This weekend we celebrate the 4th Sunday of Advent and we hear the story of the Angel Gabriel coming to tell Mary that she would be the mother of Jesus. But as we hear this story we should stop and step aside from all the ongoing activities of this time of year to think about how Mary felt when she got this news that she was to have a child. Luke tells , ” she was greatly troubled at what was said and pondered what sort of greeting this might be.” The angel has to reassure her, “Do not fear Mary.” – she must have been afraid. In that uneasy world of Galilee, a place of conflict and struggle, Mary’s personal response showed confusion and doubt. Still, Mary did not get a roadmap of the future – neither do we. All her questions weren’t answered – nor are ours. Gabriel announced the conception and birth of royalty. Mary’s child would be “great” (as unique and history changing, like Alexander the “Great”). He would be Son of the “Most High” (a title for the greatest God, the highest concept of divinity one could have. As we discussed last week, the title “Son of” indicated a unique, intimate relationship with this highest God and a sharing in this God’s power). He would have the Davidic throne of Israel forever. [1:32]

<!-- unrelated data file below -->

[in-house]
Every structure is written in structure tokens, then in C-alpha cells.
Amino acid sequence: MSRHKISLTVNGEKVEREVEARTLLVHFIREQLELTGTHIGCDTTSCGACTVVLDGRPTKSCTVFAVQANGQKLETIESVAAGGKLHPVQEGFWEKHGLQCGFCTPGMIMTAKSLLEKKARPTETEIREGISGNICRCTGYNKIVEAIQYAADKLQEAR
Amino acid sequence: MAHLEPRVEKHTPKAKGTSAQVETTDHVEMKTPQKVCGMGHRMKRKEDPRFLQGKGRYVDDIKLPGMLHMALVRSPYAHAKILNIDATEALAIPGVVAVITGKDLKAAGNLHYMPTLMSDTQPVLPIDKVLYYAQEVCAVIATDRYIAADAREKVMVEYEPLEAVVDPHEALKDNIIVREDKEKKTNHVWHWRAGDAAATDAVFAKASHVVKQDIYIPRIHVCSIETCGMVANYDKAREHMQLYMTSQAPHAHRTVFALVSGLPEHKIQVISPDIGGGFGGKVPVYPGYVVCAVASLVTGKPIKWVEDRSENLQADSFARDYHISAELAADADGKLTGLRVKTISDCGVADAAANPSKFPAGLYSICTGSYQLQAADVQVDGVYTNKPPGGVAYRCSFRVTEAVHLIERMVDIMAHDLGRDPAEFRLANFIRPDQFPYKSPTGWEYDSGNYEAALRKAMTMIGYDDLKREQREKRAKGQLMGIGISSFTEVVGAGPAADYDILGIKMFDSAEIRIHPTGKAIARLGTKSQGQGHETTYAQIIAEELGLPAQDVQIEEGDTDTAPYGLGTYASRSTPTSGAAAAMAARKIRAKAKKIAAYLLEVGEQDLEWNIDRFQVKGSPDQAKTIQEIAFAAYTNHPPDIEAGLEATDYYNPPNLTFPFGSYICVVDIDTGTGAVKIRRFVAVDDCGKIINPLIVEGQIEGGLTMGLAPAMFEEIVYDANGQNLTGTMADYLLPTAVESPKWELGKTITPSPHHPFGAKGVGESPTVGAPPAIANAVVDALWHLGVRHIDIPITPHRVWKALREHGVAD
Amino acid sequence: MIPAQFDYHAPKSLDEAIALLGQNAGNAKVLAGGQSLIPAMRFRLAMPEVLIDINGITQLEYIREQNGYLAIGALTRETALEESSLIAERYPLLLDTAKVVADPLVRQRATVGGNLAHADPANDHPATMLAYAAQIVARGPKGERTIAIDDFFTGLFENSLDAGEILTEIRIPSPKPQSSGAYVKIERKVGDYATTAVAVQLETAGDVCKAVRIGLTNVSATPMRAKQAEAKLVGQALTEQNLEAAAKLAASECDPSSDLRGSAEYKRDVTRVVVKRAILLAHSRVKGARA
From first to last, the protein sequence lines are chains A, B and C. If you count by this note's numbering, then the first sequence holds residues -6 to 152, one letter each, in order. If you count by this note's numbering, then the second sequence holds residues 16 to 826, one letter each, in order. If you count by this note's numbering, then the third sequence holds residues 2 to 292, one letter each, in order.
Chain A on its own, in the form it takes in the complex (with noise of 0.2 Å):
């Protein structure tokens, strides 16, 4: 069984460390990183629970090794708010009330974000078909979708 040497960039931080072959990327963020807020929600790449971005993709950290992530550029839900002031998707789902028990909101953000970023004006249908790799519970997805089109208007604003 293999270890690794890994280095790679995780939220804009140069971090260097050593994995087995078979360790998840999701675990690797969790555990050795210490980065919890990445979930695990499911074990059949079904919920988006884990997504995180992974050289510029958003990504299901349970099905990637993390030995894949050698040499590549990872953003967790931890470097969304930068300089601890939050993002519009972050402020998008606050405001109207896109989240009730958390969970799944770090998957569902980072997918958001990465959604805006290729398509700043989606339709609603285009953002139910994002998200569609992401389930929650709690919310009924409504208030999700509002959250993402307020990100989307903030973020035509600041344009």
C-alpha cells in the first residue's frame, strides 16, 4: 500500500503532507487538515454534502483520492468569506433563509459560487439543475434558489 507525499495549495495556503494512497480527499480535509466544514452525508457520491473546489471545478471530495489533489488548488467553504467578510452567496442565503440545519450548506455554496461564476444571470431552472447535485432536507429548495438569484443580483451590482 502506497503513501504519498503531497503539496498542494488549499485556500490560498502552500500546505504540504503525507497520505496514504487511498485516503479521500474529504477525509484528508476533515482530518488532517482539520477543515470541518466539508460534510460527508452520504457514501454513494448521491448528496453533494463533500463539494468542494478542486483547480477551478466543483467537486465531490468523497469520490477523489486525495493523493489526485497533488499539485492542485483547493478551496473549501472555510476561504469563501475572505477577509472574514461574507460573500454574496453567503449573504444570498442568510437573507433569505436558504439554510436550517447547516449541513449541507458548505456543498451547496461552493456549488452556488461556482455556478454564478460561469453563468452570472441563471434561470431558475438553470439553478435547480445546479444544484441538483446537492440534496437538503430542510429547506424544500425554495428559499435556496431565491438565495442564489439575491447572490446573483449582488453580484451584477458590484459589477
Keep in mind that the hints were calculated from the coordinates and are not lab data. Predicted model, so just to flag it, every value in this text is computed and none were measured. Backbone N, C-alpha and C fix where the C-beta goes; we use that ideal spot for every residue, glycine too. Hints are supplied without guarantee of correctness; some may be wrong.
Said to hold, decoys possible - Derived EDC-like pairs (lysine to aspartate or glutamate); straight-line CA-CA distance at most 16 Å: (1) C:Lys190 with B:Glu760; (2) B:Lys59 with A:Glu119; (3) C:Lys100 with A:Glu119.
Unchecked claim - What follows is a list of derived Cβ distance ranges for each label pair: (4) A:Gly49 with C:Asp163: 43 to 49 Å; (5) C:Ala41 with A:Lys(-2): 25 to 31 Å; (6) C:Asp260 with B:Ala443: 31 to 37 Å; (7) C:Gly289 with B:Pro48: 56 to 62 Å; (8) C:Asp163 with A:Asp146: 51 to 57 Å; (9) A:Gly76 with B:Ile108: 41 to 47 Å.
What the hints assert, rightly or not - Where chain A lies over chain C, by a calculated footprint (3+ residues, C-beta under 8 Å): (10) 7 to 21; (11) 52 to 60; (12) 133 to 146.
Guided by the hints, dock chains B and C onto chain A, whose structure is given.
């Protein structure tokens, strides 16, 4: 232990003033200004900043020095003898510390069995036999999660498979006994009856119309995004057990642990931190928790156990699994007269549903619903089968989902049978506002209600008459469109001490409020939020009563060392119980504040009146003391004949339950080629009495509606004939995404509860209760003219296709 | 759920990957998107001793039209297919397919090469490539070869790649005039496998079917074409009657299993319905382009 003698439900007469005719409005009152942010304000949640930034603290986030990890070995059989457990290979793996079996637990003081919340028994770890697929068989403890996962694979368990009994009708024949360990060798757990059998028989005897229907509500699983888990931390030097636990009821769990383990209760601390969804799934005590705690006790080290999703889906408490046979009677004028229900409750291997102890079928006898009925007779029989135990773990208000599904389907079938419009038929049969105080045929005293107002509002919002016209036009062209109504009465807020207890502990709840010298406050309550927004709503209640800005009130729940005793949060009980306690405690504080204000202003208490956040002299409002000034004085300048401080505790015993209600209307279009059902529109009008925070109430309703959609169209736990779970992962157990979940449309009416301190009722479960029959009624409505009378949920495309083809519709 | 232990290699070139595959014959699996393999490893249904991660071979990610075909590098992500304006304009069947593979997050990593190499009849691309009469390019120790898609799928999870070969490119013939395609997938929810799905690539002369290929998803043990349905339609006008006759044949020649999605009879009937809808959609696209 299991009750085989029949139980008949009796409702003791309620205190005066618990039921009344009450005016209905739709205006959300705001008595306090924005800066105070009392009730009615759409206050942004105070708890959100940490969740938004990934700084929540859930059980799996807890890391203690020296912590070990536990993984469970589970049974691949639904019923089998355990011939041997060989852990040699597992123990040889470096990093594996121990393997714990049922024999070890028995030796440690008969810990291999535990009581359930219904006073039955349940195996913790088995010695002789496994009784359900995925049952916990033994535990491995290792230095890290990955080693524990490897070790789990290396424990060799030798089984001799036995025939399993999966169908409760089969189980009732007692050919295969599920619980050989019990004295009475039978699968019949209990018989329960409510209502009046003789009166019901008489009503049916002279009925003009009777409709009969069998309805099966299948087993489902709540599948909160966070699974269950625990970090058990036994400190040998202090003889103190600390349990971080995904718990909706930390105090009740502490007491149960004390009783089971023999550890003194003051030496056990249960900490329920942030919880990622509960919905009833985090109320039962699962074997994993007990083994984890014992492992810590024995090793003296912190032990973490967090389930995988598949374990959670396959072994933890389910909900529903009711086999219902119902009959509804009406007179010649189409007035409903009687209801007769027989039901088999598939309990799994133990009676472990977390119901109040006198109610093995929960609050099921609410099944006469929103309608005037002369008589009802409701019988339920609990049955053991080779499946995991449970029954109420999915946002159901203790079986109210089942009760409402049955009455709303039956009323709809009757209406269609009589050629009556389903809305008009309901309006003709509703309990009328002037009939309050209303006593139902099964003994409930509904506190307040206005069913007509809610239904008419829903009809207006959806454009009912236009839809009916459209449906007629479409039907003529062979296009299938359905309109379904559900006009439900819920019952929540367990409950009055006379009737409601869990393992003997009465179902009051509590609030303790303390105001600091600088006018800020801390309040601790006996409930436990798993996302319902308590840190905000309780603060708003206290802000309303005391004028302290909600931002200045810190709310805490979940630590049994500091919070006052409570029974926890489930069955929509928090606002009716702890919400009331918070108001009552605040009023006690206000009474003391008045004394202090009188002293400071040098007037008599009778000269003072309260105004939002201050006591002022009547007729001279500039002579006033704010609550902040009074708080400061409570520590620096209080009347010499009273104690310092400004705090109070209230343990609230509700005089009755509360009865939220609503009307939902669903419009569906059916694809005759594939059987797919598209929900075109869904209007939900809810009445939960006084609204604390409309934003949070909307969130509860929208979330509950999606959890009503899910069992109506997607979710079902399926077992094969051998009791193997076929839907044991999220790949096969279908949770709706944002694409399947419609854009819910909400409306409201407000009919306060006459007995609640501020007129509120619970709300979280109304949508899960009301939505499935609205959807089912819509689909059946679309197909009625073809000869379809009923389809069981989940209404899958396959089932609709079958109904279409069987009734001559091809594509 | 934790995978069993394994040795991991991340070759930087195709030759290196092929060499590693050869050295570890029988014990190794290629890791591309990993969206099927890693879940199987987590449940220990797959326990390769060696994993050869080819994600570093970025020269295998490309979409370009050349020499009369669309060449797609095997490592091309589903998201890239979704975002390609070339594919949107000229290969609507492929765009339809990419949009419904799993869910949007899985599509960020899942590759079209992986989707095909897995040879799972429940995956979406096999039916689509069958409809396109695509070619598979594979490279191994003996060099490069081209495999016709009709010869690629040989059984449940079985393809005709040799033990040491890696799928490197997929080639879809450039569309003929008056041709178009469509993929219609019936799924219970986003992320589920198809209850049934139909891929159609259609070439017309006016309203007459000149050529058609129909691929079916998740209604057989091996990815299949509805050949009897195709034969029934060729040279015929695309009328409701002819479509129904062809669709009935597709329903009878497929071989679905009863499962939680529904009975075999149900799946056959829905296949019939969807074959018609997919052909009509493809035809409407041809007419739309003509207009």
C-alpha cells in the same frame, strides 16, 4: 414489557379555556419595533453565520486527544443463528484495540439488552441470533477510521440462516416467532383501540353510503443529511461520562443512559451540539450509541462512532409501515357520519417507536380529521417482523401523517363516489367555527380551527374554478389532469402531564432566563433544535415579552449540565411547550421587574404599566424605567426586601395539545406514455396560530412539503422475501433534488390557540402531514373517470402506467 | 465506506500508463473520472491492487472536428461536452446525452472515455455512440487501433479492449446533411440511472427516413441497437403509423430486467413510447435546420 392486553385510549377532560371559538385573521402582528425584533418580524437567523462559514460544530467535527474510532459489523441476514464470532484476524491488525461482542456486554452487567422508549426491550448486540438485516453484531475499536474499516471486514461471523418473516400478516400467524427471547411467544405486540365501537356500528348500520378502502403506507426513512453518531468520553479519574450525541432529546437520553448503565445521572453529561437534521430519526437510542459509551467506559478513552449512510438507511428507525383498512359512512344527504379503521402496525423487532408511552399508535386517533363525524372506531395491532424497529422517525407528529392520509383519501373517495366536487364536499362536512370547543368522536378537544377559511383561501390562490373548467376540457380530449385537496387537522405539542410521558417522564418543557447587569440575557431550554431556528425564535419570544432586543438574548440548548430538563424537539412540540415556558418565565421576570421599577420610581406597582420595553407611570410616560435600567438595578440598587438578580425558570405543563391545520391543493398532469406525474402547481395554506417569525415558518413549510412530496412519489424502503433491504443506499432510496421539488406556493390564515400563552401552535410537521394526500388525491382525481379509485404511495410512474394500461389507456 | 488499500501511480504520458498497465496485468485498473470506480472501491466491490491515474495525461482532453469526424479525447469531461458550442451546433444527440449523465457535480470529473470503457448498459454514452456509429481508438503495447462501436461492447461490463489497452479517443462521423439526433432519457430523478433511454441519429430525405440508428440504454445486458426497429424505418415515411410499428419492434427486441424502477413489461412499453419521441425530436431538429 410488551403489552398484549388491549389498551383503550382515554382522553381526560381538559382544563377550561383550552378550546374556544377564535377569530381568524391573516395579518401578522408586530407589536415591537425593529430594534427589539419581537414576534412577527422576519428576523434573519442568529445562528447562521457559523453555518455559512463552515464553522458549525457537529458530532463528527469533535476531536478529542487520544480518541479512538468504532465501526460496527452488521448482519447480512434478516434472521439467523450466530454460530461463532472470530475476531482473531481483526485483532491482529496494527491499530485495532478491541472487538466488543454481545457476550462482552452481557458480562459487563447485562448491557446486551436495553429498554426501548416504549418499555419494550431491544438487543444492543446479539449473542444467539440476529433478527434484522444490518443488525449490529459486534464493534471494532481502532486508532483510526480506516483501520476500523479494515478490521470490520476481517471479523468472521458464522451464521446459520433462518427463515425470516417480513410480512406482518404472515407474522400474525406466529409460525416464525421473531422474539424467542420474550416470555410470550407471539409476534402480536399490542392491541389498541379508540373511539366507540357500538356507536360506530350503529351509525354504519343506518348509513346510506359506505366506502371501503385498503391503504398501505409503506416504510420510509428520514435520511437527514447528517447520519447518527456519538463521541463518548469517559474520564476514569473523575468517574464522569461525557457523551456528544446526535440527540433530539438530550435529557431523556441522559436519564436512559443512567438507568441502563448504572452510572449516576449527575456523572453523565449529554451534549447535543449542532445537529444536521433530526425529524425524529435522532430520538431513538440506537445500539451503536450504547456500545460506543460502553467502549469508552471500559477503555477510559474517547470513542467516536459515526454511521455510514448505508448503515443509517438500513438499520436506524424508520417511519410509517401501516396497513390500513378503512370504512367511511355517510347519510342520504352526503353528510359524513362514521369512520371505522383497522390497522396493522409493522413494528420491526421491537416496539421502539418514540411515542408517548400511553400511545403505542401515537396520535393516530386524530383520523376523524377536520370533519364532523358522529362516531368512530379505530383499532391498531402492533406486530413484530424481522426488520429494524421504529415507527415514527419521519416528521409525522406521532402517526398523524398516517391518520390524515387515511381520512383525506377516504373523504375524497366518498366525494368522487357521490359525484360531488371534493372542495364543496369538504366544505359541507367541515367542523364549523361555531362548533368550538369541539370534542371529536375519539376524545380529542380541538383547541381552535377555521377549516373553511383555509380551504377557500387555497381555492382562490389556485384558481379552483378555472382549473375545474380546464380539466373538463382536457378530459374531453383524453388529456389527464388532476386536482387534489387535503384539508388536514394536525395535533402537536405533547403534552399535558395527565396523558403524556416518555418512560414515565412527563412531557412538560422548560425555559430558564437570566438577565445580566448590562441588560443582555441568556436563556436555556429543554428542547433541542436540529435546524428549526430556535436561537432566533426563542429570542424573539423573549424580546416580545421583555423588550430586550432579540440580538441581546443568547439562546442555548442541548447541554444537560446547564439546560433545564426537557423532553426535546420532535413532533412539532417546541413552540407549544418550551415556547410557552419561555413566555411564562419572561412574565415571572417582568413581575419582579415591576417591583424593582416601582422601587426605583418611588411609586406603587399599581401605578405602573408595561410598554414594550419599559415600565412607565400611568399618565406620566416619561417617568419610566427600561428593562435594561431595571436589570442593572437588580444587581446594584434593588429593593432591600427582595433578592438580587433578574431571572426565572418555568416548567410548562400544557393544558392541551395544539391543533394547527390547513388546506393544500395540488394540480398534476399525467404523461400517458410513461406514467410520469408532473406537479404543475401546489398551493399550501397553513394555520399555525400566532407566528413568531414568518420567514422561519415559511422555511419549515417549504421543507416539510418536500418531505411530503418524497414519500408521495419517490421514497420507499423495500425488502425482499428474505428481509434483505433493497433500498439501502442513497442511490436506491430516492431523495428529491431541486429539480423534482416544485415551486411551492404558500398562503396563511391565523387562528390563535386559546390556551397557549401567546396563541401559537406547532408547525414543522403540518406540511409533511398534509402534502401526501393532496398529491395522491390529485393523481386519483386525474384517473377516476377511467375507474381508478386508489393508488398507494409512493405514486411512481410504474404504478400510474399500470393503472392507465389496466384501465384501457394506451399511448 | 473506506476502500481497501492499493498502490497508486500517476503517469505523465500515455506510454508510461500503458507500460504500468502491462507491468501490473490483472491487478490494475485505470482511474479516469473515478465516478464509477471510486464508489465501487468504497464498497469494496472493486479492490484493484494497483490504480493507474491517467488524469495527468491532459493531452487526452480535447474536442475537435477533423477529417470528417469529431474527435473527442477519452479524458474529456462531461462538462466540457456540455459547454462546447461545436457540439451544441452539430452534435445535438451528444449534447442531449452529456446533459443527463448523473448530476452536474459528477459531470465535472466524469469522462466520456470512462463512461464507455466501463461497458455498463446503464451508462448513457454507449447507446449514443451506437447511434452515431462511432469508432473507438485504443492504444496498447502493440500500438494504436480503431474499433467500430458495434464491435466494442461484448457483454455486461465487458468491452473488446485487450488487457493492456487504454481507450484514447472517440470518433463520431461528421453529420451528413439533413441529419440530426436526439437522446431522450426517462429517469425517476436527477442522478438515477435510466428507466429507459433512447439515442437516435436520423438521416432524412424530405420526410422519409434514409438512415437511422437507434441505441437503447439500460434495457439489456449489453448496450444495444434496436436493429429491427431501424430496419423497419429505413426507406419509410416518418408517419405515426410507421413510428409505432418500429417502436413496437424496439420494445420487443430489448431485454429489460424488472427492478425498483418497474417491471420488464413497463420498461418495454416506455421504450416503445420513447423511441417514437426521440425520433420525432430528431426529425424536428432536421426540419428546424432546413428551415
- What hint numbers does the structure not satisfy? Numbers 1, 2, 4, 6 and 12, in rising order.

Mary made room for God in her life. She and the saints are more like us than the arts or literature about them show. They are amazingly human that is like you and me and it is among them, in all their human limitations, that God wants to dwell – among people who despite struggle and doubt, can say “Yes” to God. Scripture suggests God wants to enter more fully into our lives; our not-so-neat and orderly lives but our messy lives with all the good and bad and all the happy and sad times that are part and parcel of our lives. Mary accepted, even proclaimed, God’s will in her life. She placed her future in the hands of the Father so should we. Her example should inspire us to stand firm as Christians in today’s ever-changing fads and fancies and especially as we face up to the secular razzmatazz in the run up to Christmas. Remember, the words of others may sting, but the Spirit of God burns within. The divine fire can withstand the darts others fling toward us.





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